I’m just going to jump into this one bluntly. Norway Pavilion has been a thorn in my side all week. At first, I was cursing an emergence of writer’s block. Then, I moved on to mentally flogging myself for getting so wrapped up in my latest distraction (“CSI: NY”) that I ignored all sense of duty and responsibility. It is surprisingly challenging to focus on Vikings and trolls when you’re scrambling to understand ballistics and DNA… but frankly, I don’t think writer’s block or CSI are to blame this time. After much contemplation, I think the problem is simple – Norway Pavilion is lacking.
I try to keep a certain organizational pattern to blog entries that have some connection – like the World Showcase entries, for example. While working on my content, it hit me… Norway is missing what many of the other pavilions offer, and it really is apparent. Don’t get me wrong – I do enjoy this area, but it absolutely needs just a bit more “something” to complete it.
Of course, as I write this, news has been breaking about upcoming changes at Epcot. None of these seem to include a new addition to Norway, however. In fact, the announcement centers on the removal of beloved performance acts throughout World Showcase to make room for new entertainment. To read more on these changes, click here.
One thing that Norway Pavilion does have to brag about is architecture. A stark contrast to its neighboring pavilions of Mexico and China, Norway blends a more subtle, old-world charm of four traditional styles of Norwegian architecture into the area’s unique atmosphere. The newest pavilion addition to World Showcase, Norway debuted in May of 1988. Rough woods and jagged stones incorporate flawlessly with lush pastures, to recreate an authentic Norwegian village – highlighted by an intricate replica of the Gol (stave church) in Oslo.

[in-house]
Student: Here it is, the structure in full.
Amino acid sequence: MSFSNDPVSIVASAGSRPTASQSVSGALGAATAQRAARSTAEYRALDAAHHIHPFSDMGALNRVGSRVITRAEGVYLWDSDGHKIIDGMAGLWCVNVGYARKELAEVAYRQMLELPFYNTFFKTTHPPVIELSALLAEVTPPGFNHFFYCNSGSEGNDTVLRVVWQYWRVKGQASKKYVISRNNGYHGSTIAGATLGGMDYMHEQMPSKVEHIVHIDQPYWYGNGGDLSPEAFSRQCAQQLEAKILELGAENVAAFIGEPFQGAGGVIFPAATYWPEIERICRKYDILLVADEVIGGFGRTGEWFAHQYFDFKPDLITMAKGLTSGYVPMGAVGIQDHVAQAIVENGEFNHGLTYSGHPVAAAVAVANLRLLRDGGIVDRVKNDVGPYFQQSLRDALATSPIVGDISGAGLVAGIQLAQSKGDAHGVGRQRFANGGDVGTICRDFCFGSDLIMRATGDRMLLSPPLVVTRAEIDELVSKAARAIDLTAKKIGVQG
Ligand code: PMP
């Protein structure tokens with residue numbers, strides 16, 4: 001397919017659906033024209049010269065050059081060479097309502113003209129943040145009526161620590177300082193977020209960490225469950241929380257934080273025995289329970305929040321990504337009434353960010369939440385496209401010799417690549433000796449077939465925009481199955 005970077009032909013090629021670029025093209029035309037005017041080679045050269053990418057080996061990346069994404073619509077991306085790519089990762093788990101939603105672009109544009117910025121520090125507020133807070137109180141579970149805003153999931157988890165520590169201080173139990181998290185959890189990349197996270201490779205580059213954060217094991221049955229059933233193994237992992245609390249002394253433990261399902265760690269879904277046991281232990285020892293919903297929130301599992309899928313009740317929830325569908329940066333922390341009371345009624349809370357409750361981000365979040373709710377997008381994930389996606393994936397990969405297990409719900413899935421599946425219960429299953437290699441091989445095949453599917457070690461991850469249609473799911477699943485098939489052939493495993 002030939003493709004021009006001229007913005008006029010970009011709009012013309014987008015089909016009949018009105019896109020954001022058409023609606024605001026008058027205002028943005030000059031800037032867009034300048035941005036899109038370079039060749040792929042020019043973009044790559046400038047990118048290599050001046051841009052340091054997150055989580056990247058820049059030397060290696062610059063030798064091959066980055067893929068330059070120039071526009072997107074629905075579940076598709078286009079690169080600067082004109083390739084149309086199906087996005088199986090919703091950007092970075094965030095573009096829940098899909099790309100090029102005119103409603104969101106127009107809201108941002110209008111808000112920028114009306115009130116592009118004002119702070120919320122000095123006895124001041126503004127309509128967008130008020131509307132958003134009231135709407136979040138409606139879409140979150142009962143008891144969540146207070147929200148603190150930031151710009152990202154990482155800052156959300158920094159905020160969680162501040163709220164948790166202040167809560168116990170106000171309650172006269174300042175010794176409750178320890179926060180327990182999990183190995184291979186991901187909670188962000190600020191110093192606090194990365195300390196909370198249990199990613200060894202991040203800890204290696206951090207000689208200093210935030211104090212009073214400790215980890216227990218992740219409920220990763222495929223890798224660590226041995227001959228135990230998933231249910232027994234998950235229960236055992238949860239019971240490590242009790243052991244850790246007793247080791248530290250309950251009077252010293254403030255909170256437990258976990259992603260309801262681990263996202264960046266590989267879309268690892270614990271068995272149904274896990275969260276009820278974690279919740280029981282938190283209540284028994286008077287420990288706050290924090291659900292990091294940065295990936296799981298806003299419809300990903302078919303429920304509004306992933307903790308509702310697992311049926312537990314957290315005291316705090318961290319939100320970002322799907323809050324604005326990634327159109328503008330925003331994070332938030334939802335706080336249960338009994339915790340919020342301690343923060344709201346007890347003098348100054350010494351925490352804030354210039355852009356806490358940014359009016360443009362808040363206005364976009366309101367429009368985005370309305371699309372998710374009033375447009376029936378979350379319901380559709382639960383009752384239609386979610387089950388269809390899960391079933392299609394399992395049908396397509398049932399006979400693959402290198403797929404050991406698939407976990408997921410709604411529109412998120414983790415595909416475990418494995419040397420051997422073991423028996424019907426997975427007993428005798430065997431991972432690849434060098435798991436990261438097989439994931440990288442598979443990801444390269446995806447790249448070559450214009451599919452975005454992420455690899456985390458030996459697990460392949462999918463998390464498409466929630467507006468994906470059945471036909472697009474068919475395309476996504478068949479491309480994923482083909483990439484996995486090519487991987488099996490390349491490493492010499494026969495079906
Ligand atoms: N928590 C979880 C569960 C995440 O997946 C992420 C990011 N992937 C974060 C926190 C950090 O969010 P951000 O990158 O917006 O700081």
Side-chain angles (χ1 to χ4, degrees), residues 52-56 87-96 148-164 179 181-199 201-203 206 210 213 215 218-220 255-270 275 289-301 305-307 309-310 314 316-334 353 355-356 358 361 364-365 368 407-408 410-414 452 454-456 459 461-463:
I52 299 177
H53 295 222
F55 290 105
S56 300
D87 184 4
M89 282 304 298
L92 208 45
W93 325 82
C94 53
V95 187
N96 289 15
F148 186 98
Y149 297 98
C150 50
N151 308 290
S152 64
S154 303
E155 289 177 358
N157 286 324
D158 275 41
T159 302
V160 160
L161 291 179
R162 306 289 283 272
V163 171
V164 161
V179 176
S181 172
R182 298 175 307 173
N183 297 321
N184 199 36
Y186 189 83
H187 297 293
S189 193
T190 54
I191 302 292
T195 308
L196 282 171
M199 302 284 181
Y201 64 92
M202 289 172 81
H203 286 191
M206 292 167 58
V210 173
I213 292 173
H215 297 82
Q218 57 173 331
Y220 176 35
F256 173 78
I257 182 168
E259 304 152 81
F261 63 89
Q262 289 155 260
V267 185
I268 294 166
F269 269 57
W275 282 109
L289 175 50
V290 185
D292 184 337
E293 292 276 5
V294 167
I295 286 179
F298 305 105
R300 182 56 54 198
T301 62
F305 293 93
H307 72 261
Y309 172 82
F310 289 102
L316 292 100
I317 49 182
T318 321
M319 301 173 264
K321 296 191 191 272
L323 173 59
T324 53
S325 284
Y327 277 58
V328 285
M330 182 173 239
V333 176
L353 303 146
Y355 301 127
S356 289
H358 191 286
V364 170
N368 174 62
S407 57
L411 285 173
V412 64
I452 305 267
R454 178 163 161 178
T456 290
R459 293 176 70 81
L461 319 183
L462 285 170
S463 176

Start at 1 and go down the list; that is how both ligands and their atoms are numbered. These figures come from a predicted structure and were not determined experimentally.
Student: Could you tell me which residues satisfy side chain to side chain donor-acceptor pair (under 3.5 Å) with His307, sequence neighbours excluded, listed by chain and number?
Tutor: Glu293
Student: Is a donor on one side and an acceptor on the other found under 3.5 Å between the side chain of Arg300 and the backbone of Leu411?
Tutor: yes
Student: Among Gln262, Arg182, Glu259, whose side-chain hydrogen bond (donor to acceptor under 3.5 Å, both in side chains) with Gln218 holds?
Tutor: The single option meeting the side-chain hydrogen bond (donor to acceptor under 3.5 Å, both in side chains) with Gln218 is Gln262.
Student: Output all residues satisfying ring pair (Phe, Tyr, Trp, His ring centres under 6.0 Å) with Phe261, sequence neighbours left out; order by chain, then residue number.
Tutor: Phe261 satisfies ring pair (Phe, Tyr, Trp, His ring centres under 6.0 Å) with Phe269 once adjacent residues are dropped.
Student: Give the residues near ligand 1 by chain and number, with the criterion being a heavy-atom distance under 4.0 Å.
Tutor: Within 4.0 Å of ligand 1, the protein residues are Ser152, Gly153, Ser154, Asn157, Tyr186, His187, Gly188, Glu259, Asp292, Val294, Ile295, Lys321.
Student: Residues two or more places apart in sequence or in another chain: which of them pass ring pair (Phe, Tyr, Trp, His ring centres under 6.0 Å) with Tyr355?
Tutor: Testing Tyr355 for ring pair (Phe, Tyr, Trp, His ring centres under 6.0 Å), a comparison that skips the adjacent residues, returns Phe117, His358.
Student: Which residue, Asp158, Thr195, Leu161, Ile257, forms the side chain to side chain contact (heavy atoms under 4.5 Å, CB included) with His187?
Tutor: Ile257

The Stave Church previously housed an exhibit on Vikings, which has since been replaced by Norsk Kultur: Inspiration For Disney’s ‘Frozen’. This exhibit showcases animation stills from the film alongside samples of representative artifacts, drawing parallels in authenticity. The drawback to the exhibit coincides with the popularity of “Frozen” – the interior of the Stave Church is very small and not at all conducive to the heavy traffic that goes along with everything Anna and Elsa. Personally, I have a much greater appreciation for the exterior of the Stave Church… but that’s just me.
The Puffin’s Roost is your one-stop shop for everything Norway. I have discovered that I am much bigger fan of this shop since they removed the overwhelmingly suffocating room of perfume to accommodate the since-removed Anna and Elsa meet and greet. If the powers that be hear none of my other pleas, I beg of you… keep the perfume wherever you relocated it to! Anyone with asthma/allergy sensitivities completely understands me right now.